Most visitors to Mexico City spend their time exploring tranquil, idyllic neighborhoods like Roma and Condesa, filled with quaint buildings, bustling pedestrian promenades, and cosmopolitan attractions. But life in the Mexican capital finds most of the population on the disadvantaged side of a vertiginous inequality, defined by meager wages, the looming threat of violence, and a glaring lack of public infrastructure. The government’s attempts to address the latter have often stumbled; it is common practice for projects that require architectural expertise to be assigned to building contractors, who produce layouts lacking in any design sensibility. This even though Mexico City now boasts one of the world’s most fertile design scenes and has a strong legacy of renowned architects working in tandem with the government to produce exceptional public works—from the urban housing projects of Mario Pani to the monumental buildings of Pedro Ramírez Vázquez.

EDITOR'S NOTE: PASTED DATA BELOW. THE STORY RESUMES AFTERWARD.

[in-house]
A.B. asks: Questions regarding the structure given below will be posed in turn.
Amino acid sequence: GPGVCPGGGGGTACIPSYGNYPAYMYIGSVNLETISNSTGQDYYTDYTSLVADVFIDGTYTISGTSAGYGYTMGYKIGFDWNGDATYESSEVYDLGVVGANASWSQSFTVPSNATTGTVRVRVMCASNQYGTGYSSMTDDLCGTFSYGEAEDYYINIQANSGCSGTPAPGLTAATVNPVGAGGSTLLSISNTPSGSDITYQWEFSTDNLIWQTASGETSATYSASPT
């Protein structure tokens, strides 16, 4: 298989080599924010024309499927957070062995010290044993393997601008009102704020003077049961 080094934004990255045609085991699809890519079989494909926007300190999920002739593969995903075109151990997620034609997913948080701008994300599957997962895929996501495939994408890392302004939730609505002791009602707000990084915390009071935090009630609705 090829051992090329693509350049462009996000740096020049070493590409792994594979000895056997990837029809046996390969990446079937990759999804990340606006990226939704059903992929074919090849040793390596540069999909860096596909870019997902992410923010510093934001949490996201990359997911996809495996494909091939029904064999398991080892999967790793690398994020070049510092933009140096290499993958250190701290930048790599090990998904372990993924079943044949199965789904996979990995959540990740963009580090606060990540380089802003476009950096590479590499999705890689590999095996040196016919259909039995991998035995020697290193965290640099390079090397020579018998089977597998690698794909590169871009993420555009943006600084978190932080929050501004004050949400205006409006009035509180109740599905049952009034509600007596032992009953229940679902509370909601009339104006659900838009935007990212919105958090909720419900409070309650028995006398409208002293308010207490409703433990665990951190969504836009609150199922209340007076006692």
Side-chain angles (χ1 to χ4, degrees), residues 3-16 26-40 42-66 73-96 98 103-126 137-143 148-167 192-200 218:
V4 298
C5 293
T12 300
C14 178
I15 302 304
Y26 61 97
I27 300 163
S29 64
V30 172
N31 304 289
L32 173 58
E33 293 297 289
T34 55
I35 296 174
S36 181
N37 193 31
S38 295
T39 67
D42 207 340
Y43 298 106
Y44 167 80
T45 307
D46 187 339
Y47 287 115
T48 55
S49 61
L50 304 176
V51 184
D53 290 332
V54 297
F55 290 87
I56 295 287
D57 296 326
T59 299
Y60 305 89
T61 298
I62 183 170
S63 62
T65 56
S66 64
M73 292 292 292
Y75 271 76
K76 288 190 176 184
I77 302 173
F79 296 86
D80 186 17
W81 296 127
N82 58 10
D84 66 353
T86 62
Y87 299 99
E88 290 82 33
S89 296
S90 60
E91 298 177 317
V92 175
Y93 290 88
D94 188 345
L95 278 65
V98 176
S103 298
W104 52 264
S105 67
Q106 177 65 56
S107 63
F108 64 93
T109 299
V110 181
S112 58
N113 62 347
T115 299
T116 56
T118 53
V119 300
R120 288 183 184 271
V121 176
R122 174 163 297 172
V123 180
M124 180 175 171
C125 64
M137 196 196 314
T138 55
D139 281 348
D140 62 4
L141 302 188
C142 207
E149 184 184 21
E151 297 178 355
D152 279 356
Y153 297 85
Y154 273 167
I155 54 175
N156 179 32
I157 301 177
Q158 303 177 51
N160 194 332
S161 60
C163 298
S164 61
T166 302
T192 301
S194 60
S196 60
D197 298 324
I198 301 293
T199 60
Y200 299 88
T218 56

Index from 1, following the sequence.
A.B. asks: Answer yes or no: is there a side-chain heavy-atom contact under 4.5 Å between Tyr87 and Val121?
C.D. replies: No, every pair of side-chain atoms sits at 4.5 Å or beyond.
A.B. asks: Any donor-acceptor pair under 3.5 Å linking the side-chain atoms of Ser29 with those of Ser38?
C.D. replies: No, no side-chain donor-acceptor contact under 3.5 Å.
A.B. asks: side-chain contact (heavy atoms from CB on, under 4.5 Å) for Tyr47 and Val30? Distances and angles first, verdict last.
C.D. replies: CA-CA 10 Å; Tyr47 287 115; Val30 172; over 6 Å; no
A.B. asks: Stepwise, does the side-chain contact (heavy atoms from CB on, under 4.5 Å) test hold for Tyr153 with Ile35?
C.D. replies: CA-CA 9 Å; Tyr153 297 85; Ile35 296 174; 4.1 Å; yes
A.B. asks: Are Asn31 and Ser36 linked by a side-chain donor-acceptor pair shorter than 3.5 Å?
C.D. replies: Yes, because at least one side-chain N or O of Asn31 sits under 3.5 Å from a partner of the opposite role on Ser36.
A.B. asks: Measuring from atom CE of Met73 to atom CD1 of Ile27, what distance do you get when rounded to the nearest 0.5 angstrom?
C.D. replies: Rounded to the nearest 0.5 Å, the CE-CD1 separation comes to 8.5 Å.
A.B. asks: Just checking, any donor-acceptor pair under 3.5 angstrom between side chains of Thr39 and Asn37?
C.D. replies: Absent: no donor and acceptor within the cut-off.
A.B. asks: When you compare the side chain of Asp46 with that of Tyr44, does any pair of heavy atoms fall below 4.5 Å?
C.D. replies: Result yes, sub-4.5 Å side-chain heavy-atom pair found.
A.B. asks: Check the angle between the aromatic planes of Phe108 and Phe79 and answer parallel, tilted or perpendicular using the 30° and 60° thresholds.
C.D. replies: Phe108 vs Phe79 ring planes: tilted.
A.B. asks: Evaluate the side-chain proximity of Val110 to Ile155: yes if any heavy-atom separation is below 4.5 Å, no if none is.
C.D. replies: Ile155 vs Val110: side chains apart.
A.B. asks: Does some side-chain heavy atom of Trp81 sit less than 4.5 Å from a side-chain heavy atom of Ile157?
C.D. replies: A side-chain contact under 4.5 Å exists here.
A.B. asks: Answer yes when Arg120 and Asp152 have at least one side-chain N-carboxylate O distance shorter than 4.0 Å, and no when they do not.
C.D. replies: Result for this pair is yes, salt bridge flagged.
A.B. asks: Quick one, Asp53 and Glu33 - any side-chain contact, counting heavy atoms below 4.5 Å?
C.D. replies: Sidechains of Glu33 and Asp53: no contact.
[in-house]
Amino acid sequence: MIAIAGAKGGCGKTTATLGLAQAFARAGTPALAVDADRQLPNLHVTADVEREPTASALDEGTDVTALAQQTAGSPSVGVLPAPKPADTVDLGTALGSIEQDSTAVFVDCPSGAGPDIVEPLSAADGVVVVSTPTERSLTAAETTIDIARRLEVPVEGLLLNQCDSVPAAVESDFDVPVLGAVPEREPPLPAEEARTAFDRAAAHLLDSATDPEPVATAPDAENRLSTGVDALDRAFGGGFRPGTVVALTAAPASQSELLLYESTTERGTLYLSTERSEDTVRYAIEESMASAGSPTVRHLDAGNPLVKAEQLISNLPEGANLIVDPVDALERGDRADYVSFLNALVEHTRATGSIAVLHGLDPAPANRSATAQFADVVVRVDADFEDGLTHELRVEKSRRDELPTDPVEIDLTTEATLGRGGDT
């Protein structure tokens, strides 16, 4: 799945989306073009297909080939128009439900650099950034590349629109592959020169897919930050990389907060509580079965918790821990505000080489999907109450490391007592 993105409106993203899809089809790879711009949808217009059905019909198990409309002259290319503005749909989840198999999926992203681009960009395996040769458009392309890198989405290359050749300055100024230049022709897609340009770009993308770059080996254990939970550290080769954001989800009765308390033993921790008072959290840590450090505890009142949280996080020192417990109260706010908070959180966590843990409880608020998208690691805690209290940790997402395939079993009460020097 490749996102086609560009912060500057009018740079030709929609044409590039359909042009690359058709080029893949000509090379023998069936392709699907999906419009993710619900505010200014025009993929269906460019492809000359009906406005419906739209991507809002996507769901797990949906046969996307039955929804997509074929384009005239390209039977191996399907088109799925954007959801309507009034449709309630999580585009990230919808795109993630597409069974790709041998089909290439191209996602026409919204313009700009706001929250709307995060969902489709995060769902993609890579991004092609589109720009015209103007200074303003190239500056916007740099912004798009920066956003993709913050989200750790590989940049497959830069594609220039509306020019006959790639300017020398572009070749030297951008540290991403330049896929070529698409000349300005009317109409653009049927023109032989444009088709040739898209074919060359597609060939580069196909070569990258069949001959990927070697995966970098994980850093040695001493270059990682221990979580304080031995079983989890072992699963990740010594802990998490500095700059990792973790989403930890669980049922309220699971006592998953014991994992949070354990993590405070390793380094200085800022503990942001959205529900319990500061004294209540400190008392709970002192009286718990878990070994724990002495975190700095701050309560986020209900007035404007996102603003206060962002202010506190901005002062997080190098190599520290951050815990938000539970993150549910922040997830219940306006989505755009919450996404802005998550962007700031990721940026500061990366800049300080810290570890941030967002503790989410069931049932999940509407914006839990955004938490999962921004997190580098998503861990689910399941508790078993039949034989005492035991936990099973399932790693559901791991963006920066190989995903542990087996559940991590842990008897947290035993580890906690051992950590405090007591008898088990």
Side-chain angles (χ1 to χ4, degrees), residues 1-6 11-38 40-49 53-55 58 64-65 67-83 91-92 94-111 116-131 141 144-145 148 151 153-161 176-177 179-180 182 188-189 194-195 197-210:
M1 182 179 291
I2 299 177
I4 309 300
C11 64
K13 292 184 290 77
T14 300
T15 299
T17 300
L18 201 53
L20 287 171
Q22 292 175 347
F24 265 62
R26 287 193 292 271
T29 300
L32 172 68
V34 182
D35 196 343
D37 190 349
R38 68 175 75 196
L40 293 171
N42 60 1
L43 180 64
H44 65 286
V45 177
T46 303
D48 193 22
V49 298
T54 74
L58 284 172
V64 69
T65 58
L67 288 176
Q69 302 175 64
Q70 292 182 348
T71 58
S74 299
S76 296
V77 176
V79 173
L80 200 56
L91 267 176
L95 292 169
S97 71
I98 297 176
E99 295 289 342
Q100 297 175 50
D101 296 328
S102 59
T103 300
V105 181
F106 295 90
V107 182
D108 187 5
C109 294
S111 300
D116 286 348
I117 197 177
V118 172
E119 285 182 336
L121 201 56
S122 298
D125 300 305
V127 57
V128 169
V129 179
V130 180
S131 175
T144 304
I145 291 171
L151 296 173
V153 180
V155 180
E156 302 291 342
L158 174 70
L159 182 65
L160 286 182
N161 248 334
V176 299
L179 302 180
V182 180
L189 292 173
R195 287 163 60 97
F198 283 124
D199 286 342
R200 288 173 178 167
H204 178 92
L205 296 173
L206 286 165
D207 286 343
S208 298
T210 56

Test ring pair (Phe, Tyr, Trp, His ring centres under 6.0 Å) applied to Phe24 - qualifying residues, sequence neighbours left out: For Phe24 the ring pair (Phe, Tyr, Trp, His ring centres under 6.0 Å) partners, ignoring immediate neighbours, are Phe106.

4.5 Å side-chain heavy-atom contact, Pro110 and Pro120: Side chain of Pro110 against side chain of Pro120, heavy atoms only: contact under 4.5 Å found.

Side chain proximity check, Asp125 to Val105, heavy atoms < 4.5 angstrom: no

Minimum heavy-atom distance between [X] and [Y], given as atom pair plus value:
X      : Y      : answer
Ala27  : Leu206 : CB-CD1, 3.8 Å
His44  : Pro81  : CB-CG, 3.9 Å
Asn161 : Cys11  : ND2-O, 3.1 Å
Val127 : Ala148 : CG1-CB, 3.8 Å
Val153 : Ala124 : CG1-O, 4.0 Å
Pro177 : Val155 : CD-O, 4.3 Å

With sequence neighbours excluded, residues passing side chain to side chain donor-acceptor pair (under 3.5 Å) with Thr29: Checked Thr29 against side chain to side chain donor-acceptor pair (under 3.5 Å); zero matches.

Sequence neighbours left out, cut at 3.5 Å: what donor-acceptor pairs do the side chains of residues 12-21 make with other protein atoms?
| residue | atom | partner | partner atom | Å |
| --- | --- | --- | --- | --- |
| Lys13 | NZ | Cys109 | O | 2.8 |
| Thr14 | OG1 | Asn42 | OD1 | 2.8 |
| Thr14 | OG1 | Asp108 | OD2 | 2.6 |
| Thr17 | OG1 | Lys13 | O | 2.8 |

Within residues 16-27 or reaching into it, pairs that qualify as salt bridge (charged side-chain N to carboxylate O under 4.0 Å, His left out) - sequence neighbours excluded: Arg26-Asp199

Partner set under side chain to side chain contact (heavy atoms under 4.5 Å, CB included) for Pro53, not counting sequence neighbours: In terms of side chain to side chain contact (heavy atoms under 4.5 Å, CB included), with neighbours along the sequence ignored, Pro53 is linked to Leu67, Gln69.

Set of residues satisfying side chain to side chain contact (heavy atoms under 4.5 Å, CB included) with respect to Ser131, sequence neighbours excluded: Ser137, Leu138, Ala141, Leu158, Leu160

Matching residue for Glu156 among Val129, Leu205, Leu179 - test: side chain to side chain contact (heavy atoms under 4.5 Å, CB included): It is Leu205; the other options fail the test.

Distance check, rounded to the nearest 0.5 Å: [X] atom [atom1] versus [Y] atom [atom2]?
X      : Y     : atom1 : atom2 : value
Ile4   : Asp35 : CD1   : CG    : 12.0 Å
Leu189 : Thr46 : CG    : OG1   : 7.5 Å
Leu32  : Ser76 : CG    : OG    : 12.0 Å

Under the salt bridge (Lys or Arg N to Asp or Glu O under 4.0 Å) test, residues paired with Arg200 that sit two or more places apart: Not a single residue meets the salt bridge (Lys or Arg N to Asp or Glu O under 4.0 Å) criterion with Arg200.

Seeking to restore the virtuous circle that once existed between officials, designers, and citizens, local architect Carlos Zedillo Velasco has devoted much of his professional life to helming projects that unite the three in a collaborative process. From 2012 to 2018, he directed the Research Center for Sustainable Development at the National Housing Fund for Workers (INFONAVIT), a federal entity that manages loans for home acquisition, enlisting dozens of celebrated Mexican architecture studios to design dignified and affordable housing projects. After the 2017 earthquakes that devastated entire communities in the central region of Mexico, Zedillo Velasco and his brother Rodrigo founded the nonprofit organization Pienza Sostenible, with the initial goal of recruiting architects to participate in reconstruction efforts. (The group now focuses on meeting the U.N.’s 2030 Agenda for Sustainable Development.)
We’ve come to understand architecture’s role in society as more of a medication than a luxury,” says Zedillo Velasco. “And we’ve focused our research on identifying the components that public projects must feature to be well accepted by the people they intend to serve.